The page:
Take the 2-minute tour ×
Physics Stack Exchange is a question and answer site for active researchers, academics and students of physics. It's 100% free, no registration required.

I am trying to design a system for a project and I need some input on if this is right or not.

I have $10 \frac{kg}{s}$ of fluid flowing through a pipe. It breaks up into $10$ 1 inch diameter pipes. I am giving a picture below. Does this mean that the feed pipe, the one supplying the $10 \frac{kg}{s}$, should be just 10 inches in diameter instead of 1 inch?

In case your wondering, the fluid is ethylene glycol, I dont think that matters

enter image description here

share|improve this question

2 Answers 2

up vote 1 down vote accepted

I assume your objective is to minimize resistance to flow, in which case the dominating influence would be the length of the 1-inch pipes and the shape of their entry points where they enter the plenum.

If you want the fluid velocity at the entrance to the plenum to be the same as it is in the 1-inch pipes, then the plenum should have the same cross-sectional area as the small pipes, and a diameter of sqrt(10) = 3.16 inches would be sufficient.

However, you could use a smaller diameter plenum, with a higher fluid velocity, without introducing too much drag since its ratio of volume to surface area is larger. On the other hand, a larger plenum would have less drag, at the cost of its containing a larger amount of fluid.

share|improve this answer
    
I am designing a piping network that goes under an ice rink for a project. So I am not really sure if the fluid velocities should be the same. But I know that the flow rate of each smaller pipe is $\frac{1}{10}$ of the flow rate in the big feed pipe –  Greg Harrington Nov 17 '12 at 20:49
    
@Greg: Sounds like a fun project. Since the 1" pipes will be pretty long, the resistance in each pipe will be pretty high compared to anything in the plenum. I wouldn't expect the plenum to have to be larger that 3" diameter. A good plumber might give you better advice, though. –  Mike Dunlavey Nov 18 '12 at 0:36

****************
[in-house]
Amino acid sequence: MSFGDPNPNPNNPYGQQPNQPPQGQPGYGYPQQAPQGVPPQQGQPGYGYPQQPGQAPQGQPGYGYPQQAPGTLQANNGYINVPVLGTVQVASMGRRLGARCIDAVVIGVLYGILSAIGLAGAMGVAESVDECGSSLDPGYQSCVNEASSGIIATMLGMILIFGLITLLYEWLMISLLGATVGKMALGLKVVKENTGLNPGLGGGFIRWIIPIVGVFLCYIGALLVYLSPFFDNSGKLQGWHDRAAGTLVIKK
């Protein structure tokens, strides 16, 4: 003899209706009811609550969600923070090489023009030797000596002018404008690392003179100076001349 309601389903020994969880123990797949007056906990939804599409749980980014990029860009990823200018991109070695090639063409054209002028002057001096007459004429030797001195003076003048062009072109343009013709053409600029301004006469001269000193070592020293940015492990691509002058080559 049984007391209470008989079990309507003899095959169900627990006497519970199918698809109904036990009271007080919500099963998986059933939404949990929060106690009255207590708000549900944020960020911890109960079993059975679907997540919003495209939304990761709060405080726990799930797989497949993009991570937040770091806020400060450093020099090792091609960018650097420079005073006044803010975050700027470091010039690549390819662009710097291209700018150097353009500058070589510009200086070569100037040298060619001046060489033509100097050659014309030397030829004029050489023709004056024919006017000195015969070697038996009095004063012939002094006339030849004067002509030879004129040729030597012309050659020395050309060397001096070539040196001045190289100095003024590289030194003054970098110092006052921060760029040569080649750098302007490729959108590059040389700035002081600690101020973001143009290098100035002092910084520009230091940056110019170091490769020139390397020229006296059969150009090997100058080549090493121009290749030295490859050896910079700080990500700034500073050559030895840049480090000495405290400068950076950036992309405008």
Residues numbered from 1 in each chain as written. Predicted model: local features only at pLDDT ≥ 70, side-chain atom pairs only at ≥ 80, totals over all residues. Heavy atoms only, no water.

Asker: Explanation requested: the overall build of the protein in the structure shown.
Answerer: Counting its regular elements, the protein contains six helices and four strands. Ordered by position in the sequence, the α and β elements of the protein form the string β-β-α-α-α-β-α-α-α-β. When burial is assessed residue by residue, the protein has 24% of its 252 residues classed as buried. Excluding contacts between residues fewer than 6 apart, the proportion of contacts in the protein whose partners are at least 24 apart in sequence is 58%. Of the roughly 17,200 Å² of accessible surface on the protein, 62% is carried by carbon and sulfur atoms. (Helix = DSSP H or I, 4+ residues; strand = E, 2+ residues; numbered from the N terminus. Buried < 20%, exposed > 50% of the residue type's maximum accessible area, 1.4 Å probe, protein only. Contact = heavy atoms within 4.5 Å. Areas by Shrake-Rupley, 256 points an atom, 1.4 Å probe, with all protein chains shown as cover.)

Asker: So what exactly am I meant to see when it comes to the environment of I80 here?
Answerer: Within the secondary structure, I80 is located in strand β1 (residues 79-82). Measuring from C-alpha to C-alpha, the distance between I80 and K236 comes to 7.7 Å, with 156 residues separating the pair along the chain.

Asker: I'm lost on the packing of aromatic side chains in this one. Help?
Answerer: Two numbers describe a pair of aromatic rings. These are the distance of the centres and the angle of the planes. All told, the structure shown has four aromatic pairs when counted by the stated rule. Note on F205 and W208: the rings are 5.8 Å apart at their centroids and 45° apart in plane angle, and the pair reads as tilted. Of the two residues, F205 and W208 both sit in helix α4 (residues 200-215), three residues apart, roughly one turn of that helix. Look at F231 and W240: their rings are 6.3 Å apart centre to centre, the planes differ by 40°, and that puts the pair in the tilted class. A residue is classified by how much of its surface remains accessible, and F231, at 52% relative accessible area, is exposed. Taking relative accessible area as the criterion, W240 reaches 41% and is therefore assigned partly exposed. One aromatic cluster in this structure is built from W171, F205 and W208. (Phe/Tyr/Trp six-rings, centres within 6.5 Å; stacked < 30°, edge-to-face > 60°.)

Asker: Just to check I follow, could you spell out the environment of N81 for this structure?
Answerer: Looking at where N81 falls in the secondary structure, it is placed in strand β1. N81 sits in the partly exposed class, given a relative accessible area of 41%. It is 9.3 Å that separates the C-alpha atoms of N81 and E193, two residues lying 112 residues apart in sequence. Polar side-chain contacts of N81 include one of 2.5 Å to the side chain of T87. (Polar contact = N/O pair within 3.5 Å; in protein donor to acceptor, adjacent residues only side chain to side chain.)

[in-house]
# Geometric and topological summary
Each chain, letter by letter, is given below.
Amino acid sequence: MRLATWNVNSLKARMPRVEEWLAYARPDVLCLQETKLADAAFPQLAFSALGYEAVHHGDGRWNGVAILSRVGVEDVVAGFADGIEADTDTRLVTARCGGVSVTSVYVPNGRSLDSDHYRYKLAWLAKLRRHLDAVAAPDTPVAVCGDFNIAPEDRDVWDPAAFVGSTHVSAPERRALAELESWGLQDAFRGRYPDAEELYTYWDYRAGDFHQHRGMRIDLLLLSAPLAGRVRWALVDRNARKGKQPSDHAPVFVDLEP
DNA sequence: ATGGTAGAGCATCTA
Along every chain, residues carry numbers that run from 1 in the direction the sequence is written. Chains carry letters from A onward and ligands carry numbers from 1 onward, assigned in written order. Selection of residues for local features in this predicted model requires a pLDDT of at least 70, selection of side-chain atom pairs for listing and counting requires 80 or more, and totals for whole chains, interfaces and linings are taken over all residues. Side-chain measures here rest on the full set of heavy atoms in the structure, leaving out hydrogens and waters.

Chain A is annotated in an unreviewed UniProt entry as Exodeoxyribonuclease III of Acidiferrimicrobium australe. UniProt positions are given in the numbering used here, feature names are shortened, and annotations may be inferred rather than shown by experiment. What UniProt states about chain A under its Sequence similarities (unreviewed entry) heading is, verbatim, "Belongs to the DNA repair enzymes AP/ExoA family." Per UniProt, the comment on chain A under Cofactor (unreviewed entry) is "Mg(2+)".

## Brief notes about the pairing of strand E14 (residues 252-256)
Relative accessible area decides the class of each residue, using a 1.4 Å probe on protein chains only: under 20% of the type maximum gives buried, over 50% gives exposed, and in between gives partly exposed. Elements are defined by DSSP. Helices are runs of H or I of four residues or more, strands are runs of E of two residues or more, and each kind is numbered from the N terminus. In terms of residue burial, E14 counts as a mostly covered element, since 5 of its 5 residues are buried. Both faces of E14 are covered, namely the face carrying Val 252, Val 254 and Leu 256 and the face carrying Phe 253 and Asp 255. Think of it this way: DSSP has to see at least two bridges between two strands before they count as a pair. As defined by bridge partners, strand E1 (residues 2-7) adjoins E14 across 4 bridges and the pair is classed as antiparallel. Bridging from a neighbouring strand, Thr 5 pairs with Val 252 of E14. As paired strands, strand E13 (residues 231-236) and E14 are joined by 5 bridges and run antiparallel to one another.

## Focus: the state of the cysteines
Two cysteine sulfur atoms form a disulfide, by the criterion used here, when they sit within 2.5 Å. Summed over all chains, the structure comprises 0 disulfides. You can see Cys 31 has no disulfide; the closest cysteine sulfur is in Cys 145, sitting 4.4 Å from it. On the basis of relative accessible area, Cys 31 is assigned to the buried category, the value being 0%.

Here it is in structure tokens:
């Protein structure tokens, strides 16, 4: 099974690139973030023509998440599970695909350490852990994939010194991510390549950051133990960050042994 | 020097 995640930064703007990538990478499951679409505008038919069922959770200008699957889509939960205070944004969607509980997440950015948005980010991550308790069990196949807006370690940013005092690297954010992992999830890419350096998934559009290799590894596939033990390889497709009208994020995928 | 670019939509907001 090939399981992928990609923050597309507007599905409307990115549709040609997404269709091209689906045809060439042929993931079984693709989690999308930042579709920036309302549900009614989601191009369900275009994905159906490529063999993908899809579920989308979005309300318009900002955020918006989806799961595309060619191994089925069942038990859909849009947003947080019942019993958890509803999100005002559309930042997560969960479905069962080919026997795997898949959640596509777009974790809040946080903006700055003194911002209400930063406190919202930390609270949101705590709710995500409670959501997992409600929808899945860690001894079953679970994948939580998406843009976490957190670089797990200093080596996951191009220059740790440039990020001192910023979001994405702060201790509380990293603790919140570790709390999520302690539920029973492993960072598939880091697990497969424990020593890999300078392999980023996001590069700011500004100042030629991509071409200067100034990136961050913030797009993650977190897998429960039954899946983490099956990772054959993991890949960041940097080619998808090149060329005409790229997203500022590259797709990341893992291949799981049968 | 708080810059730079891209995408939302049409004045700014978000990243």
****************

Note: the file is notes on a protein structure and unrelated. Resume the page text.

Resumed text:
Thanks. It's a cool project, if I did save it for the last two weeks. I still have to design the vapor compression refrigeration cyce. It's for my Energy Systems design course. Yes the pipes will be pretty long but they will be winding under the ice rink. Maybe not 1" but between 1" and 2". Do you think I should keep the fluid velocities in the larger pipe and the smaller pipes the same? –  Greg Harrington Nov 18 '12 at 2:48
    
@Greg: I would liken it to a resistor network. Each pipe under the ice is a resistor (voltage = pressure drop) in parallel with the others. The big pipe and whatever completes the circuit is in series with those. As long as the big pipe diameter is large enough to provide minimal pressure drop, it should not matter. Check out pipe flow calculator. –  Mike Dunlavey Nov 18 '12 at 17:13

To conserve momentum of the fluid, it's the cross sectional area that should be conserved. The area is in a square relationship to the diameter, so simply multiplying the diameter of the small pipes by 10 won't be correct.

Here's how I figure the calculation should go:

$A_{in} = A_{out}$

$\pi(D_{in}/2)^2 = \pi(D_{out}/2)^2 * 10$

$D_{in}/2 = \sqrt{(D_{out}/2)^2 * 10}$

$D_{in} = \sqrt{10} D_{out}$

share|improve this answer
    
How could the fluid conserve momentum while changing directions, and why would we want to do that? –  Mark Eichenlaub Nov 17 '12 at 8:27
    
@MarkEichenlaub You're right, I mis-stated that. I meant to argue that the density is equal and hence the cross-section, but I see now that the fluid could be denser but slower at the one end ... –  McGarnagle Nov 17 '12 at 9:01
    
@MarkEichenlaub I think the crux is that the cross-sectional areas should be equal, but I'm having a hard time justifying that. –  McGarnagle Nov 17 '12 at 9:05
    
@dbaseman: it depends what is controlling the fluid flow. If the pump delivers fluid at a controlled rate you just need to make sure the pressure drop in the pipes isn't too great. There's not necessarily any need for the pipe area before and after to be the same. –  John Rennie Nov 17 '12 at 10:16
    
A pump will be controlling the fluid flow so there will be a constant flow rate. I am essentially designing an ice rink cooling system and I am trying to design the piping network that will be under the rink. Will the fluid velocities be the same between the smaller pipe and the bigger feed pipe or would that be a design choice? –  Greg Harrington Nov 17 '12 at 20:47

Your Answer

 
discard

By posting your answer, you agree to the privacy policy and terms of service.

Not the answer you're looking for? Browse other questions tagged or ask your own question.